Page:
DEUTSCHE BANK AG proposed former Merrill Lynch chief John Thain to its supervisory board as part of a wider reshuffle of the body that oversees its top executives.
The 62-year-old is among four candidates who would take over from existing board members when their terms end this year, the Frankfurt-based lender said Wednesday. The appointments would be for five years and are subject to approval at Deutsche Bank’s annual shareholder meeting next month.
The votes come amid rising tensions between Chief Executive Officer John Cryan and Chairman Paul Achleitner. Cryan has been struggling to revive revenue growth after resetting strategy since he took over in 2015. Concerns about the turnaround prompted Achleitner to hold discussions with potential successors, people with knowledge of the discussions said last week.
The chairman himself is under fire for going through three CEOs in six years without being able to forge a recovery.
Deutsche Bank also nominated Michele Trogni, a former executive at IHS Markit Ltd. and UBS Group AG, Mayree Clark, a former Morgan Stanley wealth-management executive, and Norbert Winkeljohann of PricewaterhouseCoopers.
The bank suggested electing Alexander Schuetz to the board for a full five-year term after initially being named for a one-year period. Schuetz is a management board member at C-Quadrat, which holds Deutsche Bank shares on behalf of China’s HNA Group.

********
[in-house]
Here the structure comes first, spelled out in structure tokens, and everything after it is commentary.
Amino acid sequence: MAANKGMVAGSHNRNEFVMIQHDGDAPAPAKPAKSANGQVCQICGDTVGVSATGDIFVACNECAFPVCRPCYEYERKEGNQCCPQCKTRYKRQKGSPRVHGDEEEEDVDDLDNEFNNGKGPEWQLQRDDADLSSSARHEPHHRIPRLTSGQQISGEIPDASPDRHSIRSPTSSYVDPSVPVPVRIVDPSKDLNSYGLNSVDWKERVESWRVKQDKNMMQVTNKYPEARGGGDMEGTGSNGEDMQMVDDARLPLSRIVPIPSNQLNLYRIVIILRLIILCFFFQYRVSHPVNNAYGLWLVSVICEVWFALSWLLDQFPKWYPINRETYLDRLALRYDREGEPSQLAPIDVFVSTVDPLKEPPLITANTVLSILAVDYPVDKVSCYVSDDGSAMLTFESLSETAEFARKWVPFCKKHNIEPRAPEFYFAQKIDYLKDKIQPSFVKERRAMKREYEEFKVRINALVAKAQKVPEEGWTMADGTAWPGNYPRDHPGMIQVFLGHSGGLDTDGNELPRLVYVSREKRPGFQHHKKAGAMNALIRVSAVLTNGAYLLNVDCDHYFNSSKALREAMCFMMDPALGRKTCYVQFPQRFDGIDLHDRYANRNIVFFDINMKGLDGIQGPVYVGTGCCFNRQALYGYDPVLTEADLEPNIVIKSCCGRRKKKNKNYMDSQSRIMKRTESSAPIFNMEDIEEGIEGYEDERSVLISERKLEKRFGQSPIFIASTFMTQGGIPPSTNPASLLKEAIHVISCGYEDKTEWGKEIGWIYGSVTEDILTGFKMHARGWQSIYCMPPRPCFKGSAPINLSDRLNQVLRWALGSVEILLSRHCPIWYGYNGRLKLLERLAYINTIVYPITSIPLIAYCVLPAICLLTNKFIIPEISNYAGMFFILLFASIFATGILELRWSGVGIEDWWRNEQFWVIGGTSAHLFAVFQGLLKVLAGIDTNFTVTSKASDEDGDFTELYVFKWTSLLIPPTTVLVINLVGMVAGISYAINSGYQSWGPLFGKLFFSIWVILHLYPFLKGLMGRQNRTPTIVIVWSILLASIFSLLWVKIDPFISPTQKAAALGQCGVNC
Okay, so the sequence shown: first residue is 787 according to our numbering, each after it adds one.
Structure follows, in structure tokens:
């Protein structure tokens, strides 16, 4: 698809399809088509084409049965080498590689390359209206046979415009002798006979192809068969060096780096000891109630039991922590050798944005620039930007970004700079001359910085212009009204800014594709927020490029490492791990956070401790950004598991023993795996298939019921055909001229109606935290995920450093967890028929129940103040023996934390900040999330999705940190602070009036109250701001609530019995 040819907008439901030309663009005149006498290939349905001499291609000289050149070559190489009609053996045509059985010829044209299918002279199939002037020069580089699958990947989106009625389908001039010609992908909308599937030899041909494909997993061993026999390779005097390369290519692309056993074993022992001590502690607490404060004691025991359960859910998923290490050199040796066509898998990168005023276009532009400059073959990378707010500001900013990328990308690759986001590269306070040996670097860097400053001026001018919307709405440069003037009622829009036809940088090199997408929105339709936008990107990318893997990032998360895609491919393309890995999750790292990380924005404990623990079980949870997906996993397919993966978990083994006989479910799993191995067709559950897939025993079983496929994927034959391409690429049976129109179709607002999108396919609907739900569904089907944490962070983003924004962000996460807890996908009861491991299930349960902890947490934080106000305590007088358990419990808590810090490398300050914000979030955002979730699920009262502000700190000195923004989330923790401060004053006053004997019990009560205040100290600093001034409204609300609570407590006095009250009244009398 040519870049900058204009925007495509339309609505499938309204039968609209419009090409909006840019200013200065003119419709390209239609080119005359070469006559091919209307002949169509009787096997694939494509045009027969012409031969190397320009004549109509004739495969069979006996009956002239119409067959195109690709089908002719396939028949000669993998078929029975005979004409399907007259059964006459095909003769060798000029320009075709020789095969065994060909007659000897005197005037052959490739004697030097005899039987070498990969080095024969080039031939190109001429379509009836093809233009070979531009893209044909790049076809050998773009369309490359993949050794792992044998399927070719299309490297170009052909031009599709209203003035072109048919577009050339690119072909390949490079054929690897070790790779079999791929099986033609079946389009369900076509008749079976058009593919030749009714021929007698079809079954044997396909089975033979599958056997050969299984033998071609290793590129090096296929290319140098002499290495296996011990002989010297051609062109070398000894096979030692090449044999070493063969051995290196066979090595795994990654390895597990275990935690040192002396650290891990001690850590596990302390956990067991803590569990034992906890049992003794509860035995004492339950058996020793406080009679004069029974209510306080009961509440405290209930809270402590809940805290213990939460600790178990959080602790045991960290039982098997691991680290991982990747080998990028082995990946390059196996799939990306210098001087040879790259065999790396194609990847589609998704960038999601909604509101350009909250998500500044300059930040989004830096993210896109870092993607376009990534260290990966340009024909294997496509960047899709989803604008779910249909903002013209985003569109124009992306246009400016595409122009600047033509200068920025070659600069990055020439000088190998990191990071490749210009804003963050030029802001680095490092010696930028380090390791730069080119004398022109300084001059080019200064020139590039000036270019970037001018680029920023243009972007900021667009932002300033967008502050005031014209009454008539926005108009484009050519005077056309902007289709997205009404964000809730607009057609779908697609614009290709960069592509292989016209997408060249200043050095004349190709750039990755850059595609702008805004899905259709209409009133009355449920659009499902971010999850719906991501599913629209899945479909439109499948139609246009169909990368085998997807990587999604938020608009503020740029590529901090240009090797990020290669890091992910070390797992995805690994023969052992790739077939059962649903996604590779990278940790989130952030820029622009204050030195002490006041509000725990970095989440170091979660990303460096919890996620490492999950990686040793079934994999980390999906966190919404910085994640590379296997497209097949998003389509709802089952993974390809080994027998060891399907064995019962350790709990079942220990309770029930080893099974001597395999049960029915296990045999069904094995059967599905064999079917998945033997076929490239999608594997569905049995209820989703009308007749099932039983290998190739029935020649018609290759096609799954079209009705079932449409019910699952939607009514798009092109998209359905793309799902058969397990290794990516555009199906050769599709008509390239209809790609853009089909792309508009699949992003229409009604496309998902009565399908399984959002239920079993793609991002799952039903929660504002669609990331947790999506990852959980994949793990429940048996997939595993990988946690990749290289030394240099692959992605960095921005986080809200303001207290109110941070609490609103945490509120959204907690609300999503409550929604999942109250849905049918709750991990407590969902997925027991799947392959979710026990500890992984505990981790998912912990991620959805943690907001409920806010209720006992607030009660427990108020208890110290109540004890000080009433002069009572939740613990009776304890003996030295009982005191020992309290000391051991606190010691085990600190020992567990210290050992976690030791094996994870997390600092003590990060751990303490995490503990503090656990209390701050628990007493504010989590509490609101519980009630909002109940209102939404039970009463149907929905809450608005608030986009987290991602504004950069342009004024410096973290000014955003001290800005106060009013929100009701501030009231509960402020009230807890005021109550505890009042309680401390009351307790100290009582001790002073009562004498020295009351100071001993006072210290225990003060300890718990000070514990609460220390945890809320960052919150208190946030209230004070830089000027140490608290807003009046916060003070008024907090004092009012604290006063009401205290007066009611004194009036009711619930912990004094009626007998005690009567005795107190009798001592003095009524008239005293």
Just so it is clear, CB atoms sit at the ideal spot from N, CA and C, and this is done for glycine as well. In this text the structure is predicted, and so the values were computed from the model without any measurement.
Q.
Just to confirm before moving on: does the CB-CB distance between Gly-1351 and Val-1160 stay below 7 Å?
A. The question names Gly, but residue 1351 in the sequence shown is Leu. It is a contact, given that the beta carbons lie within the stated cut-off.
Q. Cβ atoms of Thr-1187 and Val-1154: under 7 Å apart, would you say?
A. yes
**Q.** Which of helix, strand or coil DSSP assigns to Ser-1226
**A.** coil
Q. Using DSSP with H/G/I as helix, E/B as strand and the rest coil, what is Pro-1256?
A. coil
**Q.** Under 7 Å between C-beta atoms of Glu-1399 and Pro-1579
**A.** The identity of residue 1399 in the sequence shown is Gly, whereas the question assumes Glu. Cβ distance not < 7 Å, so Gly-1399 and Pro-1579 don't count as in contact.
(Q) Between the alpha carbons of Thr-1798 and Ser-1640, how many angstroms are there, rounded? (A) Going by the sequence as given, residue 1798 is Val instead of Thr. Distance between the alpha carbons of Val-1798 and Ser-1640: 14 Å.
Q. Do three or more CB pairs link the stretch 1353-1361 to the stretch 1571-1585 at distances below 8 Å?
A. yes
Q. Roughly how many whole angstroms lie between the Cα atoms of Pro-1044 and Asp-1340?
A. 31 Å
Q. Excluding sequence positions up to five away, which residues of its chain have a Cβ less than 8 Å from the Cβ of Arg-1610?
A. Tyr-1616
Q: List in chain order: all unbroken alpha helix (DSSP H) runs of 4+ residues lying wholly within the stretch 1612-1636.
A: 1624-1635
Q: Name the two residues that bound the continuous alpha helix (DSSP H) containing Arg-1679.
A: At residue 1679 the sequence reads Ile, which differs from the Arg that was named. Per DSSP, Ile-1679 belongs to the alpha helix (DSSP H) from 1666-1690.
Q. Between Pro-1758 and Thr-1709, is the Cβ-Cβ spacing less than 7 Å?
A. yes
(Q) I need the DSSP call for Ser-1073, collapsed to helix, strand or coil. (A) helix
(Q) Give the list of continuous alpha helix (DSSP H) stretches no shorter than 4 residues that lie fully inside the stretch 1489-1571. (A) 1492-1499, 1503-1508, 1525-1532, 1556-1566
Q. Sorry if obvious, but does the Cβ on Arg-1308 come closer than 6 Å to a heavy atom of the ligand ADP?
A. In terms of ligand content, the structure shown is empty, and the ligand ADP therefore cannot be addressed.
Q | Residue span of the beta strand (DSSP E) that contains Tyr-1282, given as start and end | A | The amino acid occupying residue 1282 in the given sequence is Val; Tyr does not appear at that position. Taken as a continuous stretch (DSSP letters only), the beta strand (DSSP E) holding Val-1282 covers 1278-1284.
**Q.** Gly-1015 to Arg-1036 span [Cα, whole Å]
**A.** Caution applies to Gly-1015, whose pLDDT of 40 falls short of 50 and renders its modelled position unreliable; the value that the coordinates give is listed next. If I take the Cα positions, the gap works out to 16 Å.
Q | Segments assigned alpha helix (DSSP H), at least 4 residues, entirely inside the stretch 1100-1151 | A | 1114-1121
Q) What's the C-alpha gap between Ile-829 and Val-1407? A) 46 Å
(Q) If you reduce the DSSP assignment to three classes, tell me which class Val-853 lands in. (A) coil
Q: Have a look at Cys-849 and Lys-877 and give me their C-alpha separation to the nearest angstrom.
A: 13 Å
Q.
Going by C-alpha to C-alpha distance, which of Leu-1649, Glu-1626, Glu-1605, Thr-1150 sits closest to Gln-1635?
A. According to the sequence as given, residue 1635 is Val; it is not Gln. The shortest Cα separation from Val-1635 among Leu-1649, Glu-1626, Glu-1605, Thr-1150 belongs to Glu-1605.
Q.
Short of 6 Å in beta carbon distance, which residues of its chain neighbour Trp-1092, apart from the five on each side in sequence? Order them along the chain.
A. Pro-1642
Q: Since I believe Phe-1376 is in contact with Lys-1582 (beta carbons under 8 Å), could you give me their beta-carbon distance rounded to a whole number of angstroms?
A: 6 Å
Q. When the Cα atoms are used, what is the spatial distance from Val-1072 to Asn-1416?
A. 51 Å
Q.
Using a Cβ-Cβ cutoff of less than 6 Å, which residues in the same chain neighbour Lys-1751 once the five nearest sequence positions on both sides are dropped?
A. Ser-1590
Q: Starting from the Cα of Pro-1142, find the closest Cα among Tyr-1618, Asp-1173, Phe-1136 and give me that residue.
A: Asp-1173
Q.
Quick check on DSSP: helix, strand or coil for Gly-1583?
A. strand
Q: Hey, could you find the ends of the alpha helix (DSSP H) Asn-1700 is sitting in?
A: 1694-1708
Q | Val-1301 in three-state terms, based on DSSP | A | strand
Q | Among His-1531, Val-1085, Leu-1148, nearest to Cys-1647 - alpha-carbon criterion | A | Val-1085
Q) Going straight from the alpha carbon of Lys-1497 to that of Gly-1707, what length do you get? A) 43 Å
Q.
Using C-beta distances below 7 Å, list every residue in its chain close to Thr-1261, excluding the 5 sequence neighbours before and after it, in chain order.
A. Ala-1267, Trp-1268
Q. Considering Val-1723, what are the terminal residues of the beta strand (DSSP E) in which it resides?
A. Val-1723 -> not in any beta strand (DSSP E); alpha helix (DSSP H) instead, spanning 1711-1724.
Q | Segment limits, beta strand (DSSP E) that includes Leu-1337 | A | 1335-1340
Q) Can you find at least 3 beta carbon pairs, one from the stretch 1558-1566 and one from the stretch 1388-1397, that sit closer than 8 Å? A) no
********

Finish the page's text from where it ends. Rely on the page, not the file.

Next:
“We are delighted to have been able to attract such highly qualified new members, each with many years of experience in the financial sector,” Achleitner said in a statement. “They will ideally contribute to the wealth of skills that our supervisory board brings together.”
While some analysts and investors welcomed efforts to deepen the board’s knowledge of financial services, they also questioned whether the company could have achieved a better balance and whether Thain’s record made him a good choice.
Deutsche Bank supervisory board members whose terms expire this year are Johannes Teyssen, Dina Dublon, Henning Kagermann and Louise M. Parent.
The 148-year-old institution has faced a series of challenges and struggled to recover from the 2008 financial crisis. A sustained slide at the investment bank has contributed to hundreds of job cuts as the firm seeks to curb costs and improve returns. The shares have declined nearly 30% since the start of the year.
The bank is now conducting a fresh review of its trading businesses, Bloomberg News reported last week. Cryan is examining activities where Europe’s largest investment bank is trailing competitors to determine if it should try to win back market share or exit, said people familiar with the review, dubbed Project Colombo.
“The revenue outlook does not look encouraging and it remains unclear how Deutsche Bank regains market share – especially in equities,” JPMorgan Chase & Co. analysts Kian Abouhossein and Amit Ranjan wrote in a note to clients on Wednesday. Shrinking the US stock-trading and corporate clients units is “the key” to freeing up capital and improve the company’s returns, they said. — Bloomberg